We are currently in the process of discussing Clippy 1.0 via the RFC process in https://github.com/rust-lang/rfcs/pull/2476 . The RFC's goal is to clarify policies around lint categorizations and the policy around which lints should be in the compiler and which lints should be in Clippy. Please leave your thoughts on the RFC PR.
A collection of lints to catch common mistakes and improve your Rust code.
We have a bunch of lint categories to allow you to choose how much Clippy is supposed to
annoy help you:
clippy::all(everything that has no false positives)
clippy::nursery(new lints that aren't quite ready yet)
clippy::style(code that should be written in a more idiomatic way)
clippy::complexity(code that does something simple but in a complex way)
clippy::perf(code that can be written in a faster way)
clippy::cargo(checks against the cargo manifest)
clippy::correctness(code that is just outright wrong or very very useless)
More to come, please file an issue if you have ideas!
Table of contents:
Since this is a tool for helping the developer of a library or application write better code, it is recommended not to include Clippy as a hard dependency. Options include using it as an optional dependency, as a cargo subcommand, or as an included feature during build. These options are detailed below.
As a cargo subcommand (
One way to use Clippy is by installing Clippy through rustup as a cargo subcommand.
Step 1: Install rustup
You can install rustup on supported platforms. This will help us install Clippy and its dependencies.
If you already have rustup installed, update to ensure you have the latest rustup and compiler:
Step 2: Install Clippy
Once you have rustup and the latest stable release (at least Rust 1.29) installed, run the following command:
rustup component add clippy-preview
Now you can run Clippy by invoking
If it says that it can't find the
clippy subcommand, please run
rustup self update
Running Clippy from the command line without installing it
To have cargo compile your crate with Clippy without Clippy installation in your code, you can use:
cargo run --bin cargo-clippy --manifest-path=path_to_clippys_Cargo.toml
Note: Be sure that Clippy was compiled with the same version of rustc that cargo invokes here!
You can add Clippy to Travis CI in the same way you use it locally:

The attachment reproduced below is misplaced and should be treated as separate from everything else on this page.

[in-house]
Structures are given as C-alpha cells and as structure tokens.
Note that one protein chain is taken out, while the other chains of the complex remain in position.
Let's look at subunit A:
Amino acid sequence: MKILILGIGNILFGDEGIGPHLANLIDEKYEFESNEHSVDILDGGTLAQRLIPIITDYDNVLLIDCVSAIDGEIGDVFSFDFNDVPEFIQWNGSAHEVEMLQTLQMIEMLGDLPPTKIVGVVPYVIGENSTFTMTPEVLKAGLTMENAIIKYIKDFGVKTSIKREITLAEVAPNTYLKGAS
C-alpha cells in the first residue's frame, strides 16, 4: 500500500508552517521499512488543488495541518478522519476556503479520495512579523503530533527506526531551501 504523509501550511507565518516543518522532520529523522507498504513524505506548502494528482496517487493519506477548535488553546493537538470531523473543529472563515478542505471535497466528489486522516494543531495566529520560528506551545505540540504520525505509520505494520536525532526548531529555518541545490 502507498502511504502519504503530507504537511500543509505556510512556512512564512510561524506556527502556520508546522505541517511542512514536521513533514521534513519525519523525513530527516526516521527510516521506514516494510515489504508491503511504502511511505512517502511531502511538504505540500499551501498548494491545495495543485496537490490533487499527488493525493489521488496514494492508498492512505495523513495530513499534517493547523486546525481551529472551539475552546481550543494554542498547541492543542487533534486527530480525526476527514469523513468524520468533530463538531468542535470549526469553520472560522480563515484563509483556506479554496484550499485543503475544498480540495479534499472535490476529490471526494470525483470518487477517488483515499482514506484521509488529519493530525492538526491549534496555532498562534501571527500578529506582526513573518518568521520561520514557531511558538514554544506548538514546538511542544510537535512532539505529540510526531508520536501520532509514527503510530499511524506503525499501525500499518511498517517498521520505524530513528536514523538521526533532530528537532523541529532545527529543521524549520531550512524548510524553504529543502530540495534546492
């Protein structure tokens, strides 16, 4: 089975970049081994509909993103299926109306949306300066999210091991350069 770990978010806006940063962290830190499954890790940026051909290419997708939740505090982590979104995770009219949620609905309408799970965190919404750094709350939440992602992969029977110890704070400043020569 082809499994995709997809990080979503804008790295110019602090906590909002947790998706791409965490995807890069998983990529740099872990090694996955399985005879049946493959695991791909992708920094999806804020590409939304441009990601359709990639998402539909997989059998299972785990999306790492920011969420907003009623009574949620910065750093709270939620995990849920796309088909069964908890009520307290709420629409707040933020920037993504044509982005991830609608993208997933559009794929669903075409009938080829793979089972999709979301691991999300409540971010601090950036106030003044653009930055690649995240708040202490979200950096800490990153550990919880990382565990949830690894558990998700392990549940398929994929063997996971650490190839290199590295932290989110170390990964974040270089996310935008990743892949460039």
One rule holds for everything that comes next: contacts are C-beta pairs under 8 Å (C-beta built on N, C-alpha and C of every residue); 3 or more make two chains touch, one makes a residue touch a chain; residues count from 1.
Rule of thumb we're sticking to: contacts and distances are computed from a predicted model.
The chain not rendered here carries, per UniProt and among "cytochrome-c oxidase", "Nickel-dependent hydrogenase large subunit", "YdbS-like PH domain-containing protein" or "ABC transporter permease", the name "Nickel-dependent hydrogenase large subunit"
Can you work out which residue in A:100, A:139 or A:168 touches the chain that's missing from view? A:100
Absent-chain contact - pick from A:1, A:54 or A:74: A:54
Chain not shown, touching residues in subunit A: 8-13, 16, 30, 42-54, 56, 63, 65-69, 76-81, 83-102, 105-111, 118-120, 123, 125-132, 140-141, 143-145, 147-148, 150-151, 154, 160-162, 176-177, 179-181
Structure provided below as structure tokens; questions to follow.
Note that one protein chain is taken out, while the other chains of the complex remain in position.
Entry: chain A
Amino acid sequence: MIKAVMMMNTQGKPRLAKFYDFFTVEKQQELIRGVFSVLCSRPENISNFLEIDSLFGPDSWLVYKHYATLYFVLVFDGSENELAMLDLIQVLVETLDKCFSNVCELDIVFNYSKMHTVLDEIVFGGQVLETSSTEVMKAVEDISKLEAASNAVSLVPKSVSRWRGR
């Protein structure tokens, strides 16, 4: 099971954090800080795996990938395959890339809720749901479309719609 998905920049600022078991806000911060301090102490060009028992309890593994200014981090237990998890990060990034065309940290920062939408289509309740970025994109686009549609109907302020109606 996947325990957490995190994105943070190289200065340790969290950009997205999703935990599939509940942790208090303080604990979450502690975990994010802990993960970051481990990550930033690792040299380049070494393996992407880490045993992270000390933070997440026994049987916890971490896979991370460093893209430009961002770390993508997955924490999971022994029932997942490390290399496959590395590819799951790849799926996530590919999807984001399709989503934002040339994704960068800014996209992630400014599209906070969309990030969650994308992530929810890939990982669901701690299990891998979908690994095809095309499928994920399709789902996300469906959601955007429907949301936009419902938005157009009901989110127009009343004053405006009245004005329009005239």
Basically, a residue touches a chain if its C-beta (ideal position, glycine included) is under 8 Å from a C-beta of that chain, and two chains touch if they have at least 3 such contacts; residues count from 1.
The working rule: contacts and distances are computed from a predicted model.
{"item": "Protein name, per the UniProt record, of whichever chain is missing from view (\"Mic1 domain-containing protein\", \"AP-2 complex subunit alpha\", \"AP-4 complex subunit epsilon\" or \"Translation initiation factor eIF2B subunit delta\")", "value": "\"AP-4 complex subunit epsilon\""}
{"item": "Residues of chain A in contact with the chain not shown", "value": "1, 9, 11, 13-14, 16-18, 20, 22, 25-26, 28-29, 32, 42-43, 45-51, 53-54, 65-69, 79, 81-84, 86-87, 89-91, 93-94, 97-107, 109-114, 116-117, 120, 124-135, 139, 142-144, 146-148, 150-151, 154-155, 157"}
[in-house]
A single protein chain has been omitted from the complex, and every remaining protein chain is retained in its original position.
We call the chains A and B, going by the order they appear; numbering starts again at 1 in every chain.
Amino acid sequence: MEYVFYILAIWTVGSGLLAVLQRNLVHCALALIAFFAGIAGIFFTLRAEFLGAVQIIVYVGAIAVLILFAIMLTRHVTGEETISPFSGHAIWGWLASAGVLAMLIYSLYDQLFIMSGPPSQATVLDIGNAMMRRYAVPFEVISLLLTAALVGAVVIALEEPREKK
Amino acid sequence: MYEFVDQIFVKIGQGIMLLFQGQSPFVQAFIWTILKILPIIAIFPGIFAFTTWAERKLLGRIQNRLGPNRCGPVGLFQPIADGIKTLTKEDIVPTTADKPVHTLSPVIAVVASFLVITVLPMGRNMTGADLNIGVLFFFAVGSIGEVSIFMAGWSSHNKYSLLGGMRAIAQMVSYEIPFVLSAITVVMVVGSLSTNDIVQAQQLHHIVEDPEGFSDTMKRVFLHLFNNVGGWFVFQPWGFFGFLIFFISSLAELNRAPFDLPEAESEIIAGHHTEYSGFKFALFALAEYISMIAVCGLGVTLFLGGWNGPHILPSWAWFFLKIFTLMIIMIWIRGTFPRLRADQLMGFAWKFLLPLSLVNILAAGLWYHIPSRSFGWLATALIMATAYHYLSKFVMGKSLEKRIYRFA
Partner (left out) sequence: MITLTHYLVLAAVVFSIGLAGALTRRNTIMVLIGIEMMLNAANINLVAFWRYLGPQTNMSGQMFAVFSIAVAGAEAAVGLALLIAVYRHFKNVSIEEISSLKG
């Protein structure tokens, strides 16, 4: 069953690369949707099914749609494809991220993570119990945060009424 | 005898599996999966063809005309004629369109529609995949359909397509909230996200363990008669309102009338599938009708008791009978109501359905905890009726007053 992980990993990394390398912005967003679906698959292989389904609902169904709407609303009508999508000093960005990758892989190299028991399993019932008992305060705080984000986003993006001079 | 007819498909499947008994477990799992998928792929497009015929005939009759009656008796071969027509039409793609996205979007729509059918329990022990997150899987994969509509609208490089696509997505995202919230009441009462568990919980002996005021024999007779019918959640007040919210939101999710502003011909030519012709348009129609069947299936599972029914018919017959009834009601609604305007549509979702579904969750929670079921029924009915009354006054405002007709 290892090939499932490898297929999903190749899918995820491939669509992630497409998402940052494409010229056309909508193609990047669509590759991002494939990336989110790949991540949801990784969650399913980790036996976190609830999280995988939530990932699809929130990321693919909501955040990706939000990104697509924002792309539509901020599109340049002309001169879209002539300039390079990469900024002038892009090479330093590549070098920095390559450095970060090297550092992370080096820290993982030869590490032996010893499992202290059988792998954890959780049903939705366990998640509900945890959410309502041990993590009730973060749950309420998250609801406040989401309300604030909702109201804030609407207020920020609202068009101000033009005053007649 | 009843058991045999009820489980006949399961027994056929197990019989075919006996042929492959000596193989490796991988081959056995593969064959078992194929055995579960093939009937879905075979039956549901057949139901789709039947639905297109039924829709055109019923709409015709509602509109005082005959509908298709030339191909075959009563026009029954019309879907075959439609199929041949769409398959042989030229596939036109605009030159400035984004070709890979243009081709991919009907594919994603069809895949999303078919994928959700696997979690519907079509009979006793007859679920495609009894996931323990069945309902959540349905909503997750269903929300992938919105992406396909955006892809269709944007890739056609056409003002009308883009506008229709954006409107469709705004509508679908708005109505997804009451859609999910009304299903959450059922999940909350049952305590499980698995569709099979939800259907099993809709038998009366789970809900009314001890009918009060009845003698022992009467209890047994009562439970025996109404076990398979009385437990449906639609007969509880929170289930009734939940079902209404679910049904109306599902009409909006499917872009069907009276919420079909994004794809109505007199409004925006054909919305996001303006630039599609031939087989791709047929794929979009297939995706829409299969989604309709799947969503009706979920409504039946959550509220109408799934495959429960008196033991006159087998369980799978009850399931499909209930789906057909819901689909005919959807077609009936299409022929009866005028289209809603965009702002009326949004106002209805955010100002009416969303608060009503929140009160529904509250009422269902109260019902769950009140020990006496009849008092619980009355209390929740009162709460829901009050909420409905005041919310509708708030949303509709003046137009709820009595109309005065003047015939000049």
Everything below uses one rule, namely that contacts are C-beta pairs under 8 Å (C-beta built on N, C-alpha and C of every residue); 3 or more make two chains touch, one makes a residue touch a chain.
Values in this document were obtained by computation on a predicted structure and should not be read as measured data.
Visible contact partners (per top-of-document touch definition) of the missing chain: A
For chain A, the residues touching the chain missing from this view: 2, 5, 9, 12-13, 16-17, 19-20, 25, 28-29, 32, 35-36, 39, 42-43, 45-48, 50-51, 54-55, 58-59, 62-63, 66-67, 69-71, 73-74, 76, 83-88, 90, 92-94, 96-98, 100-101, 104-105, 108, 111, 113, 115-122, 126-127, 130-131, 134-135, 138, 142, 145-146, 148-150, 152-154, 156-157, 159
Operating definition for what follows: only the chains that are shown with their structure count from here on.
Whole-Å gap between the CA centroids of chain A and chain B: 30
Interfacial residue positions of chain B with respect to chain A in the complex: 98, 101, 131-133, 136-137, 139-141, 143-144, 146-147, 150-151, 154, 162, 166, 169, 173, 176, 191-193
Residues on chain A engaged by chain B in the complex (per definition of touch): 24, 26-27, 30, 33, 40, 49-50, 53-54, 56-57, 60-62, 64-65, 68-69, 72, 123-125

language: rust rust: - stable - beta before_script: - rustup component add clippy-preview script: - cargo clippy # if you want the build job to fail when encountering warnings, use - cargo clippy -- -D warnings # in order to also check tests and none-default crate features, use - cargo clippy --all-targets --all-features -- -D warnings - cargo test # etc.
Some lints can be configured in a TOML file named
.clippy.toml. It contains a basic
variable = value mapping eg.
blacklisted-names = ["toto", "tata", "titi"] cyclomatic-complexity-threshold = 30
See the list of lints for more information about which lints can be configured and the meaning of the variables.
To deactivate the “for further information visit lint-link” message you can
CLIPPY_DISABLE_DOCS_LINKS environment variable.
You can add options to your code to
deny Clippy lints:
the whole set of
Warnlints using the
clippylint group (
all lints using both the
clippy::pedanticlint groups (
#![deny(clippy::pedantic)]). Note that
clippy::pedanticcontains some very aggressive lints prone to false positives.
only some lints (
#![deny(clippy::single_match, clippy::box_vec)], etc)
denycan be limited to a single function or module using
deny produces errors instead of warnings.
Note: To use the new
#![feature(tool_lints)] has to be activated
currently. If you want to compile your code with the stable toolchain you can use a
#![cfg_attr(feature = "cargo-clippy", feature(tool_lints))] #![cfg_attr(feature = "cargo-clippy", allow(clippy::lint_name))]
For this to work you have to use Clippy on the nightly toolchain:
cargo +nightly clippy. If you
want to use Clippy with the stable toolchain, you can stick to the old unscoped method to
enable/disable Clippy lints until
tool_lints are stable:
#![cfg_attr(feature = "cargo-clippy", allow(clippy_lint))]
If you do not want to include your lint levels in your code, you can globally enable/disable lints by passing extra flags to clippy during the run:
cargo clippy -- -A lint_name will run clippy with
lint_name disabled and
cargo clippy -- -W lint_name will run it with that enabled. On newer compilers you may need to use
Licensed under MPL. If you're having issues with the license, let me know and I'll try to change it to something more permissive.